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What is life
But fate’s plaything,
Where some men die while others cling
To watch new youths discover truths
They could have learned from listening?

What is life
But joy in wait,
A chance to show the few who hate
That love profound can still surround
If one will only demonstrate?

What is life
But one big slog
Reminding you you’re just a cog
In systems built to cover guilt
And stoke the nearest demagogue?

What is life
But bittersweet
In every breath and each heartbeat,
As memories refuse to freeze,
A former friend in full retreat?

What is life
But grief, concerns,
And happiness all taking turns?
Each person braves their own such waves
Until at last each human learns
What is life.

MPAA rating: Not Rated (the number of F-words in the subtitles and fleeting nudity might warrant an R, but it’s really more of a PG-13)

Finally, a critically acclaimed “masterpiece” of world cinema that doesn’t require the quotation marks! In my limited forays into international filmmaking, I’ve found that just because critics laud a movie, that doesn’t mean it will actually be any good (for example, The Assassin *shudder*). In addition to celebrating the Chinese New Year with a Chinese movie, I added Yi Yi to my list of Blindspots this year because I was curious to see whether it deserved its renown as “one of the major films of the 21st century” and “the third most acclaimed film of the 21st century among critics,” according to Wikipedia. Thankfully, it does, and even if it’s not destined to be among my personal favorites, I am 100% behind its status as one of the all-time greats.

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Translated as A One and a Two…, but more literally as One One or One by One, Yi Yi is hard to describe in a way that doesn’t make it sound incredibly dull, since it’s about the everyday life of the Jian family of Taipei and runs for 2 hours and 53 minutes.  Yet, I was surprised at how engaging a three-hour movie about everyday life could be, thanks largely to a deep and insightful script from writer/director Edward Yang and several diverse characters that are relatable on multiple levels.

The Jians include the father NJ (famed director Wu Nien-jen), who must deal with both a high-risk business deal and an unexpected run-in with a former lover; the mother Min-Min (Elaine Jin), who suffers a midlife crisis; their teenage daughter Ting-Ting (Kelly Lee), who enters a love triangle with her best friend; their young son Yang-Yang (Jonathan Chang), who gets bullied at school; and the perpetually unlucky brother-in-law A-Di, who gets caught between two strong-willed women. It’s a film of both broad plot strokes (NJ’s self-doubt and potential affair, A-Di’s money troubles) and more minor vignettes (Yang-Yang’s photography, the birth of A-Di’s son) that nonetheless feel vital in getting to know the large cast.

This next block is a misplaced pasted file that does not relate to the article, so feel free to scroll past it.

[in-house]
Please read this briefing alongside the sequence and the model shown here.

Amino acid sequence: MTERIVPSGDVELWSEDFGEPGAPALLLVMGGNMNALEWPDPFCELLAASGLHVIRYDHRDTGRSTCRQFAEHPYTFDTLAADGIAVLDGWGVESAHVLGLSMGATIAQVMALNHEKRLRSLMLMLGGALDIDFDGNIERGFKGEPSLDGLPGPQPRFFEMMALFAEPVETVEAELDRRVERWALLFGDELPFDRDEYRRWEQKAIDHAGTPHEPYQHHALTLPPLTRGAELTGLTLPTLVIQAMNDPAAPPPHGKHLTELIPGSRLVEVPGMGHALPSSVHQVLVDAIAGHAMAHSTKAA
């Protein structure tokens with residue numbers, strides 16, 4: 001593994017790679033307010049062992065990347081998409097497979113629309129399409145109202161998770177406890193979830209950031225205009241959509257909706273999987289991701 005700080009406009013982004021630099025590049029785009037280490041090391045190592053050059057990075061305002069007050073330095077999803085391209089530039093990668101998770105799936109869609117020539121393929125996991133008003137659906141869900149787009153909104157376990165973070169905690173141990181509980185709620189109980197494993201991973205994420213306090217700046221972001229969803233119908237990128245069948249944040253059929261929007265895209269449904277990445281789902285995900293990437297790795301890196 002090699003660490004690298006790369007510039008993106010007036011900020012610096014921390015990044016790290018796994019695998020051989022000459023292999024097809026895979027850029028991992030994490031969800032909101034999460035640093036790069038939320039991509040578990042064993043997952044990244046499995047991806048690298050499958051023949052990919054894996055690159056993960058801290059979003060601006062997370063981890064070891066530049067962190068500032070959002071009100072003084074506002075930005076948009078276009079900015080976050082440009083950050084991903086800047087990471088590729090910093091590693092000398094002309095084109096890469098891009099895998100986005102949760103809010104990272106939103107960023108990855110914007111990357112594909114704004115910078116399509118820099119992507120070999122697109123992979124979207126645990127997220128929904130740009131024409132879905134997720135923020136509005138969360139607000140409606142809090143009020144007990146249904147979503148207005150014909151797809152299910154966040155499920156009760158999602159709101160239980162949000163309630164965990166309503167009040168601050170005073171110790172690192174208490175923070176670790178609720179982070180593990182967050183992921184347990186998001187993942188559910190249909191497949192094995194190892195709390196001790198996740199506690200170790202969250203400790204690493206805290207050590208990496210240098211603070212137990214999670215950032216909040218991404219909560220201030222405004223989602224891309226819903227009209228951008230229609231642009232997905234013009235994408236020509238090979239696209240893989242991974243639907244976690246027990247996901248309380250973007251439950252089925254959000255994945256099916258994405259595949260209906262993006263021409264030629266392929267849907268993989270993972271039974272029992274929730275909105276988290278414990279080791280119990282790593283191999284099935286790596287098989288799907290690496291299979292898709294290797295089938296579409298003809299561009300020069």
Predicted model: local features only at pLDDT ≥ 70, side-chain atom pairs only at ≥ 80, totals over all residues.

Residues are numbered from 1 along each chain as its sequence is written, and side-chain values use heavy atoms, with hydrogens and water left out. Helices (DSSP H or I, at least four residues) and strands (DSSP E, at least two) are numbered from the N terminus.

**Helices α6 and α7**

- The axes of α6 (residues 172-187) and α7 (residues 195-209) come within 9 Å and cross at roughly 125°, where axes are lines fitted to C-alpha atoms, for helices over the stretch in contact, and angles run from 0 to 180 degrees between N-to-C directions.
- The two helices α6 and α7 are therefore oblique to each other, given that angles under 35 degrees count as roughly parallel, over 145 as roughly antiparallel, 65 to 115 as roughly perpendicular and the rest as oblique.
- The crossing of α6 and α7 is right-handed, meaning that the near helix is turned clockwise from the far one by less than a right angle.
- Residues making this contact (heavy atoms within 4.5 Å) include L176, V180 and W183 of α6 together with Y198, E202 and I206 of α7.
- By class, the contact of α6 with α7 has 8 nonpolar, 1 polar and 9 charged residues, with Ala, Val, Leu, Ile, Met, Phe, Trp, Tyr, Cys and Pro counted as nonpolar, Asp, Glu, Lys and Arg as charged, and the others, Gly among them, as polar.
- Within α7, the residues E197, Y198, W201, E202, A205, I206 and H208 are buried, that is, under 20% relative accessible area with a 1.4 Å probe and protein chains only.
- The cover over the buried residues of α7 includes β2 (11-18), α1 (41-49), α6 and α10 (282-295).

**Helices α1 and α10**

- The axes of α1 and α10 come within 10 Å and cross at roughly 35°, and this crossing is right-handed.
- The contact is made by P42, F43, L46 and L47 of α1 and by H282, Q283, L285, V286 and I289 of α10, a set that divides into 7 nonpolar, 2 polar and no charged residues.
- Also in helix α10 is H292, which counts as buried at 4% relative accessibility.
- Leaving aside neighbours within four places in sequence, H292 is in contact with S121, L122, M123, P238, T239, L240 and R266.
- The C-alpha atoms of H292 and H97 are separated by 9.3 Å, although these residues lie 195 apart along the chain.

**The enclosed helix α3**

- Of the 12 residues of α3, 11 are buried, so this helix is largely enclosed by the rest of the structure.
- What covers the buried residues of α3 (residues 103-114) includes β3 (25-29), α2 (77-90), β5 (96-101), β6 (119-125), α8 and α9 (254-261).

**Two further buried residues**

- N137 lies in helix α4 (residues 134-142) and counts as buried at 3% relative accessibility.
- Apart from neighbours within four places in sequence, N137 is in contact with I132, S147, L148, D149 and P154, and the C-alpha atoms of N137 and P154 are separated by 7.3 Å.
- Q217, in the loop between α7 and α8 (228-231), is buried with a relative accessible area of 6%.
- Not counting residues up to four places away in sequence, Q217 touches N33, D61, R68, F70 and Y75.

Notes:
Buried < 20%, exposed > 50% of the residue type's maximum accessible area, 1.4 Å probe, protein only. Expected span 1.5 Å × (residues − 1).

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The grandmother of the family is only briefly active at the beginning, spending most of the film in a coma and serving as an ingenious sounding board for her family, who are told to talk to her in hope of her recovery. Those who sit by her bedside bare their inner doubts more fully than anywhere else, such as Ting-Ting’s guilt over whether she’s to blame for her grandmother’s condition, and NJ even compares it to prayer, not knowing for sure how much the listener is hearing.

Despite its apparent simplicity, Edward Yang’s direction is also worth praising, not only in its composition but in its economy. Scenes are kept wide with very few close-ups. Long extended takes are the rule, with no scene or edit being wasted, yet the camera is fairly static. It doesn’t follow the characters around but allows events to play out off-screen, often letting us see part of what’s happening through reflections in windows and mirrors, which provides both visual interest and a strong sense of place.

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Even masterpieces can have room for improvement, though, and Yi Yi is no different. While its mundaneness is part of its charm, the pacing does lag several times, and there are many scenes that could have been trimmed to shave off perhaps a half hour from the runtime. It takes an investment of time and patience to sit through, yet I can say it’s a rewarding experience, even if its full power is only half understood when the credits roll. There are highs and lows, joys and sorrows, laughter and tears, both a marriage and a funeral, history repeating itself and wisdom coming from the mouth of babes. The film is mostly warm and gentle, never judging the characters and their flaws, yet the wisdom of right decisions shines against the foolish passion of mistakes. I don’t know that I’ll make the time to watch it again, but it will still live in my mind as a genuinely great film.

Best line: (Fatty, Ting-Ting’s boyfriend) “Life is a mixture of sad and happy things. Movies are so lifelike; that’s why we love them.”
(Ting Ting) “Then who needs movies? Just stay home and live life!”
(Fatty) “My uncle says ‘we live three times as long since man invented movies.’”
(Ting Ting) “How can that be?”
(Fatty) “It means movies give us twice what we get from daily life. For example, murder—we never killed anyone, but we all know what it’s like to kill. That’s what we get from the movies…. It’s only one example; there are other things. Like he also said, ‘There’s no cloud, no tree that isn’t beautiful, so we should be too.’”


Rank: List Runner-Up


© 2018 S.G. Liput
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